NFT is the new buzzword all of the sudden, & this new blockchain term after cryptocurrency might have left you thinking Um… what’s going on here? Especially after Twitter CEO, Jack Dorsey put up his first tweet for sale as a non-fungible token for a whopping over $2.9 million.
The first tweet was made by Dorsey on March 21, 2006, and goes like “just setting up my twttr”.
What exactly is an NFT?
NFT stands for non-fungible token. Well, this doesn’t make it any clearer. Let’s get into the nitty-gritty.
In economics, the term fungible asset is something that can be interchanged promptly, for example, money. If you have one £10 bill, you can exchange it for two £5 bills and the value will remain the same.
However, in non-fungible assets, the properties are unique and hence cannot be interchanged with anything else.
NFTs are one-of-its-kind digital assets that can be bought and sold but they do not have any tangible form.
Recently, a digital artwork has been sold for a whopping $69m - but guess what? The winning bidder will not receive a sculpture, painting, or even a print. Instead, they'll get a unique digital token known as an NFT!
How do NFTs work?
The technology backing NFT is the Ethereum blockchain. Ethereum is a cryptocurrency just like bitcoin or dogecoin, but the individual tokens, as we call them NFTs, have some extra information stored in them which allows them to take the form of art, music, video, etc in the form of JPG, MP3s, GIFs and more.
In traditional art, the originality of an artwork is easy to verify but with digital artwork, chances of duplication are very common. Let’s take the example of the Mona Lisa, there are thousands of prints that people can buy of it. But the original one is preserved in the museum. In the world of digital artwork, proof of originality and verified ownership for digital artwork is endorsed by NFT.
Why NFTs are crazy expensive?
Here comes the economic principle of supply and demand that drives the price determination in the market. NFTs are all the rage these days, they’re in high demand from gamers, collectors, and investors.
They also have the potential to make their owners a lot of money. For example, an investor purchased a digital Monaco track in the F1 Delta Time game. Now all the races that take place on the Monaco track, the owner receives 5% dividends from it.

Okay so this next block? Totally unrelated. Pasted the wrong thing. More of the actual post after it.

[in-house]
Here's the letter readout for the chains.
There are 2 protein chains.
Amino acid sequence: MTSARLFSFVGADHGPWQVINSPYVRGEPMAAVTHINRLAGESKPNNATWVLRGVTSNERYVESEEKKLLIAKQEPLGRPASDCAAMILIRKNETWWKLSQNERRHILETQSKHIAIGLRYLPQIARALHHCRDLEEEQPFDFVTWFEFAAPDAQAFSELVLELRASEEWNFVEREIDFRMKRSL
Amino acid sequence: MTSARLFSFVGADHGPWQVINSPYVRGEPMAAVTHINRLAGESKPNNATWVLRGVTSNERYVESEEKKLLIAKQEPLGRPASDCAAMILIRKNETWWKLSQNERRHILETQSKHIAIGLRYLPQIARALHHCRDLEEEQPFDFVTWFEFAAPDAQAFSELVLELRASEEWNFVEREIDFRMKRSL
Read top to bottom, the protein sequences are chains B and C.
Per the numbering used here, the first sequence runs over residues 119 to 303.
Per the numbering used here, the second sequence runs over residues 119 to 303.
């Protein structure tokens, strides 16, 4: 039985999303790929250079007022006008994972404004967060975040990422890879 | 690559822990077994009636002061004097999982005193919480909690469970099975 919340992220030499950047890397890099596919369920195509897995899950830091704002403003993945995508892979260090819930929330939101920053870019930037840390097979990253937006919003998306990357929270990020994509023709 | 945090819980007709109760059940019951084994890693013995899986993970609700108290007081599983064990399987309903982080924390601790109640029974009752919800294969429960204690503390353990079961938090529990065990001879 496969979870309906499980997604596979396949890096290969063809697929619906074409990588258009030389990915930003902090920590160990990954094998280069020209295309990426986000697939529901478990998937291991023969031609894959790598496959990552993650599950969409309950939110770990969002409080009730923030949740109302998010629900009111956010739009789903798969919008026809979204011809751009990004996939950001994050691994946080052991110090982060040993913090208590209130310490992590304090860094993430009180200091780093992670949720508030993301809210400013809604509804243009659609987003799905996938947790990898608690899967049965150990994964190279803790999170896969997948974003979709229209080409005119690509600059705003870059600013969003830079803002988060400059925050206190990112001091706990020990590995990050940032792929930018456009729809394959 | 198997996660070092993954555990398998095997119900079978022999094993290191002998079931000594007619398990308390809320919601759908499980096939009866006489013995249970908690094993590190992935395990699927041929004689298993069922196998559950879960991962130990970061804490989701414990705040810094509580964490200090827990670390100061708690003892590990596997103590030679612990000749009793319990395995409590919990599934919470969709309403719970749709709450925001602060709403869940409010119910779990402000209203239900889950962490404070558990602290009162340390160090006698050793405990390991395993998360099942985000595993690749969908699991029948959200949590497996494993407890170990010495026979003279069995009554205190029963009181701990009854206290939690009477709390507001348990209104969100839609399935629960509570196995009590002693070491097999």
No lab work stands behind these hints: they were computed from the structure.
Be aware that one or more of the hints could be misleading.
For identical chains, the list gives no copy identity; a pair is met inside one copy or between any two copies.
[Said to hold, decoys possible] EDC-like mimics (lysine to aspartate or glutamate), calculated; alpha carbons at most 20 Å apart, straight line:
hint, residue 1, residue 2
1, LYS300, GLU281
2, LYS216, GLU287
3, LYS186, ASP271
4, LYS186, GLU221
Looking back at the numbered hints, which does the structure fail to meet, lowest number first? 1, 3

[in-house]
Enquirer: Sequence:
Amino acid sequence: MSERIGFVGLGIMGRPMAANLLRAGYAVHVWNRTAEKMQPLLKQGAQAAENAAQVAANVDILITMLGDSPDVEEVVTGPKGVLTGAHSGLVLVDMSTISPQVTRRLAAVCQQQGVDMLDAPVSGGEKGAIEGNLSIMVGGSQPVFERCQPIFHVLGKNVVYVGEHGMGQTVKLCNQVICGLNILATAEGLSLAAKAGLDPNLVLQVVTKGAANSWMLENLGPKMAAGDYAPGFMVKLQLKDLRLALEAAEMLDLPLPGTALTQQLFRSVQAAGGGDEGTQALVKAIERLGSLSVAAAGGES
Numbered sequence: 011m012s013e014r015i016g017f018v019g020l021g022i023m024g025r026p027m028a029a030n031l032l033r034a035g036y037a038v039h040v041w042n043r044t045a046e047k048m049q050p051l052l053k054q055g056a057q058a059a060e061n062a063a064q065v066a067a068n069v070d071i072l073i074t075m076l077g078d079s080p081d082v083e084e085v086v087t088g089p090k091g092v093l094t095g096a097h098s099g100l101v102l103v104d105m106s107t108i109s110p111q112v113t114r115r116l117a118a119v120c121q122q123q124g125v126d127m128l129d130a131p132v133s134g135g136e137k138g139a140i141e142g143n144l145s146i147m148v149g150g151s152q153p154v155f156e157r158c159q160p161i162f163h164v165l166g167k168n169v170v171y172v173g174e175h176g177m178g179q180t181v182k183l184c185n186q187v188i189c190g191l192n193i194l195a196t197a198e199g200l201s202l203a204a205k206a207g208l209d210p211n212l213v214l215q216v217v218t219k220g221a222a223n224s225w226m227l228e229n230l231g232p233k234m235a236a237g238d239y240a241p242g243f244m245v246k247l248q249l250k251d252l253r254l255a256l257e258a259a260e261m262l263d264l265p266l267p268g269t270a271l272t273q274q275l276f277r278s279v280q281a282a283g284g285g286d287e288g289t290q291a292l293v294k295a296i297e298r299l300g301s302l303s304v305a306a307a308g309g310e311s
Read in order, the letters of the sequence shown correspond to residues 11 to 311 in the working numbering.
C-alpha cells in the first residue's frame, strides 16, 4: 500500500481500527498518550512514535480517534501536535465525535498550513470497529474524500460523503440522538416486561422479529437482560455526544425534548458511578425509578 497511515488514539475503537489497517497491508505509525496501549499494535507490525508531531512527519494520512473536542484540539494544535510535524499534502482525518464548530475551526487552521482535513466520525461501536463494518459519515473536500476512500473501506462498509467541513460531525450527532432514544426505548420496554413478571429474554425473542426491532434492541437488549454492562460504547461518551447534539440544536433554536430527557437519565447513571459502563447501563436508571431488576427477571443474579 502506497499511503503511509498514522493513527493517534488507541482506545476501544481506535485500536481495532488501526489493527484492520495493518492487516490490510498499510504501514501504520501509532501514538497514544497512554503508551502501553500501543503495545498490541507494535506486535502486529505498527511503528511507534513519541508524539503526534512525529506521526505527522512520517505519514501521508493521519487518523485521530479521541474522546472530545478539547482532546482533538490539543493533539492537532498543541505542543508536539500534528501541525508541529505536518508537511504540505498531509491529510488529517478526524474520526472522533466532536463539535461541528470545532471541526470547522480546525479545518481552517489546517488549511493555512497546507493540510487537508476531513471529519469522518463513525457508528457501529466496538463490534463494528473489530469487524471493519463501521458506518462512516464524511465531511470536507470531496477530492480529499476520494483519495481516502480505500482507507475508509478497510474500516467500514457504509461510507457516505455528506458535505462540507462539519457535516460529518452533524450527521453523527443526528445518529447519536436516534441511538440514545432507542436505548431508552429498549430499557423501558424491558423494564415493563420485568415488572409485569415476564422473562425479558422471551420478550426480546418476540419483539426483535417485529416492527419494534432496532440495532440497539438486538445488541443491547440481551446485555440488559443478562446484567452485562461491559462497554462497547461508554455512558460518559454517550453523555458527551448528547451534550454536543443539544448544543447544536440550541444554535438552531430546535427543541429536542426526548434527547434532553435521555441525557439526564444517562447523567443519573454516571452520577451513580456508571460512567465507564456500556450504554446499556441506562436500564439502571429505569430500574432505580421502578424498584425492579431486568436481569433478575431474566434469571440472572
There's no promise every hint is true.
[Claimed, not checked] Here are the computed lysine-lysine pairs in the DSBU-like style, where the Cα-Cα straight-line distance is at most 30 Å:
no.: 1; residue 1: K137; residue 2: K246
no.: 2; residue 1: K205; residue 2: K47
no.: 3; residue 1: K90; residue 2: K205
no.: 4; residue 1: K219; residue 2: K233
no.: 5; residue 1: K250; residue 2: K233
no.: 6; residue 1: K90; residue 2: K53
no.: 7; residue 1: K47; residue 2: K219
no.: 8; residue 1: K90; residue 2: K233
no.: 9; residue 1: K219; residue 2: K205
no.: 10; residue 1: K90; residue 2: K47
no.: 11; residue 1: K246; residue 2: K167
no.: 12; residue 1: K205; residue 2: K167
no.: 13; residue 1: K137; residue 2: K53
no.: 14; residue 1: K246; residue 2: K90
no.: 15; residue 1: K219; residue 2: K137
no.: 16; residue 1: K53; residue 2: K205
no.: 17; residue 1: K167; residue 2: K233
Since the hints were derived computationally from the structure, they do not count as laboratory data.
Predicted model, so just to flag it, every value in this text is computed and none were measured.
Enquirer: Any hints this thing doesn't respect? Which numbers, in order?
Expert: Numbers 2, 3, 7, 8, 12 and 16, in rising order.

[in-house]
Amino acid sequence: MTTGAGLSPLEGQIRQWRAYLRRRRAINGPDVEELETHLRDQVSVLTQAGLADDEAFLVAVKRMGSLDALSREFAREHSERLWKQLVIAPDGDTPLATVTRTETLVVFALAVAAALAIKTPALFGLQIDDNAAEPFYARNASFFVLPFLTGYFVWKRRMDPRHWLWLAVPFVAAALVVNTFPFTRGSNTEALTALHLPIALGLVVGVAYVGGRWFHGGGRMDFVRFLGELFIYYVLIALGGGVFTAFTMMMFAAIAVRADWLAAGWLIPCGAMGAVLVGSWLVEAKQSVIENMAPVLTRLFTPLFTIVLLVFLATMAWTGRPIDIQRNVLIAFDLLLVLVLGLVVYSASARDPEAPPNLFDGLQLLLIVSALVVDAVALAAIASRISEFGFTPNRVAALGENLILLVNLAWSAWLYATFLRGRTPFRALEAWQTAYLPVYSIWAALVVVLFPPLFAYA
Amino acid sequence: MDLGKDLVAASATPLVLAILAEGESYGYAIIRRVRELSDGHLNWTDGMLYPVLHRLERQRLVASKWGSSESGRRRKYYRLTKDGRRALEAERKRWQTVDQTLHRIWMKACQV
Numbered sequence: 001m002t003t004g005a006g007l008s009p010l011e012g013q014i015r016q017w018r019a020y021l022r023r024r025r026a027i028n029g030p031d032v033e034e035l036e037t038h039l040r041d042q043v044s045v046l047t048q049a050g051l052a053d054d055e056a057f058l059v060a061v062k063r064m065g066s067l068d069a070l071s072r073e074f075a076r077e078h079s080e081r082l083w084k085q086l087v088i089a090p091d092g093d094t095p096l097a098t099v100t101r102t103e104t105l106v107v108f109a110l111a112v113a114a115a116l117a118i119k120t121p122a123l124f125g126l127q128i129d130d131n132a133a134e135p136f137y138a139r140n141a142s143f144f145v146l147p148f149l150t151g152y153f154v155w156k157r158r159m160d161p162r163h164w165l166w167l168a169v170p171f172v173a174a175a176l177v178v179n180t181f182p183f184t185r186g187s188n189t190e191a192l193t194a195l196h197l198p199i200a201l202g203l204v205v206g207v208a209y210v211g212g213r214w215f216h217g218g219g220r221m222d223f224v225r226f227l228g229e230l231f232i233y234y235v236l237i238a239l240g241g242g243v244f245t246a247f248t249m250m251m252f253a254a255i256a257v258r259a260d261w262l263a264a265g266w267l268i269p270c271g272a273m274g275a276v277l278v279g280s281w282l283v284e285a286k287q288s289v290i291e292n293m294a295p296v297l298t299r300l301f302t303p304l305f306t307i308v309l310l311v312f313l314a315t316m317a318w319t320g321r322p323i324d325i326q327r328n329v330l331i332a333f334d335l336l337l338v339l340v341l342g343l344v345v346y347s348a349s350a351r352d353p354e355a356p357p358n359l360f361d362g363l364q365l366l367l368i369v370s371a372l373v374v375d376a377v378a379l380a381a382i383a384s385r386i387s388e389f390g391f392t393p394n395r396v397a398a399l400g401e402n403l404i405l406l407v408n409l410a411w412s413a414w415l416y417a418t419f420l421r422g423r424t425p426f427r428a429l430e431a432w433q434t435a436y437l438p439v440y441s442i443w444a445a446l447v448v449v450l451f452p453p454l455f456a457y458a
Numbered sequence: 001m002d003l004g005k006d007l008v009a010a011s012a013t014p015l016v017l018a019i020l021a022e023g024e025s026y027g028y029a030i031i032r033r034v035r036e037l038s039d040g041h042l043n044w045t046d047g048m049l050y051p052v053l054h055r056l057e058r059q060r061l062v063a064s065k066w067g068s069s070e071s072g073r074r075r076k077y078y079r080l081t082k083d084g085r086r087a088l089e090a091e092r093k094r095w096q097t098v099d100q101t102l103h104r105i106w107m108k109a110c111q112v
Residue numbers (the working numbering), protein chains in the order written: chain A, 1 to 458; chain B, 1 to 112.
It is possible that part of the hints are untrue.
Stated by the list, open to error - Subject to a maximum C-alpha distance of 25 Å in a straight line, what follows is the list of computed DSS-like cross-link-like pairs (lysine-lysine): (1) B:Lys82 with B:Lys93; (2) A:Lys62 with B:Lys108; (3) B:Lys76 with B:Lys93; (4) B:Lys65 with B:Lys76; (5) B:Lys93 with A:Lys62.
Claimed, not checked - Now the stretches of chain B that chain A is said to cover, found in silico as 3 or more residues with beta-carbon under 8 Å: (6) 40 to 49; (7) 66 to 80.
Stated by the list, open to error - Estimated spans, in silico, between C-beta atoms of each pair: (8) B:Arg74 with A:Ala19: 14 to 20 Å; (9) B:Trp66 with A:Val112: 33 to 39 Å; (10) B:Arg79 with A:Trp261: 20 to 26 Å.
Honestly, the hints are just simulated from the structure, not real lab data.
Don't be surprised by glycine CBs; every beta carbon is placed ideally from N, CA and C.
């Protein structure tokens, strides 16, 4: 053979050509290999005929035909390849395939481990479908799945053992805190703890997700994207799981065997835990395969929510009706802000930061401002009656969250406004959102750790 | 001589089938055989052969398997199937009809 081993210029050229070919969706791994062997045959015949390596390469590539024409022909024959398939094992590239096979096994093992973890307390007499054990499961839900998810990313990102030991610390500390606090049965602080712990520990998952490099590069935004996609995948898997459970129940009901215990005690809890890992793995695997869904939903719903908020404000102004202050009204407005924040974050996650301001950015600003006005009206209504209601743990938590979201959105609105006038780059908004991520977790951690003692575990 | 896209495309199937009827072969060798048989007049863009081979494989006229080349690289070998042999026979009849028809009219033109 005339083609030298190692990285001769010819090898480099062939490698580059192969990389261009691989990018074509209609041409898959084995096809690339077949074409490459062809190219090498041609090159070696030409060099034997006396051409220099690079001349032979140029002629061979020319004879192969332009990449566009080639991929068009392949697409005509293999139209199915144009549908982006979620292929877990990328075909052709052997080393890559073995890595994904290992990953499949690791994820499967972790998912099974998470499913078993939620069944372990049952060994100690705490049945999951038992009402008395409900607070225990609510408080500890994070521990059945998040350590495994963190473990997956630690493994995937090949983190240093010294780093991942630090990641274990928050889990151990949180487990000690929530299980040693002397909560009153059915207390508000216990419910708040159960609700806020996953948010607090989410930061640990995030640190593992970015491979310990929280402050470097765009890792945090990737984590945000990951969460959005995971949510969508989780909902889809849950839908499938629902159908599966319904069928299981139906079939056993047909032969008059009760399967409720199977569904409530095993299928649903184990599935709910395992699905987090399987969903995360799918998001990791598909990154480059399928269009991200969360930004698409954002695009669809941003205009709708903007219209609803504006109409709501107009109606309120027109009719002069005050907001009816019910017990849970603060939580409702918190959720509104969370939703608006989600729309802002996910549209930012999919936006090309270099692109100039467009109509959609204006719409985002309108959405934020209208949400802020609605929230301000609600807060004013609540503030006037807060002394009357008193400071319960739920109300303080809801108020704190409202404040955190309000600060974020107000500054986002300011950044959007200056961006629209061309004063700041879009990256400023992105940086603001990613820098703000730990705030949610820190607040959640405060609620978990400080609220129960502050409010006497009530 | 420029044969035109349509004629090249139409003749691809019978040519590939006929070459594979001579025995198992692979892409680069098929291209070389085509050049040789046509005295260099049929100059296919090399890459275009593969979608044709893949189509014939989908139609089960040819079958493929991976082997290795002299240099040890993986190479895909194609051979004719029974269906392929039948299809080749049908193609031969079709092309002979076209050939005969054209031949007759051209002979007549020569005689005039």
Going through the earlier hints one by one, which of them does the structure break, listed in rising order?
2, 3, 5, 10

If a creator creates an NFT for their unique content and let's say price it at $10,000 on an NFT marketplace, the creator gets 85% of it i.e $8500. After a month, if someone resells this NFT for $15,000. Creator will still earn 10% royalty on it for the rest of their life.
Why people are going bananas for it?
Yes. They are as wild as they sound.
People are treating NFTs like they are the future of fine art collectibles. According to the CEO of an NFT site, people are buying NFTs because it provides a unique connection to the creator that does not exist with any other art form.
How it stops people from copying digital art?
It doesn't. So many people have seen the most expensive NFT artwork by Beeple that is recently sold for $69m, and the copies of the image are floating on social media and have been shared multiple times.
The buyer of the NFT just owns a "token" that proves they have the "original" work.
What exactly you get when you buy an NFT?
When someone buys an NFT, they get unique ownership right for the token on the blockchain. If someone buys an image, music file, or other artwork, they can own it on the blockchain but they don't have control over its distribution. The token just acts as a connection to associate the owner’s name with the creator's art on the blockchain.
Please tell me more about its characteristics.
Here are some characteristics of NFTs that make them stand out:
- They are non-interoperable. NFTs can't be used in different interfaces. A CryptoPunk cannot be used as a character on the CryptoKitties game or vice versa.
- They are verifiable. The proof of ownership is stored on the blockchain and items such as digital artwork can be traced back to the original creator.
- They are indivisible. NFTs act as one whole unit. They cant be divided into smaller denominations.
- They are indestructible. The token cannot be destroyed, replicated, or duplicated.
What are some of the most expensive NFTs?
Here is a list of some of the highest prices paid for NFTs:
- Everyday’s: the First 5000 Days by Beeple, sold for $69.3 million in March 2021.
- Cryptopunk#3100, one of the nine aliens on offer, originally created by Larva Labs sold for $7.6 million in March 2021.
- Cryptopunk#6965, one of the nine aliens on offer, originally created by Larva Labs sold for $1.6 million in February 2021.
Future prospects: Hope or just a hype?
The monthly volume of NFTs traded has exploded since September 2020 and has grown from a few million to $241 million. So right now, the craze is wild! But are NFTs likely to fade away quickly? Or they could become a game-changer in digital assets and rights?
Well, the craze around NFTs, especially in the art sector will likely be short-lived. But it represents a massive shift in the big picture of the digital economy and where it is headed.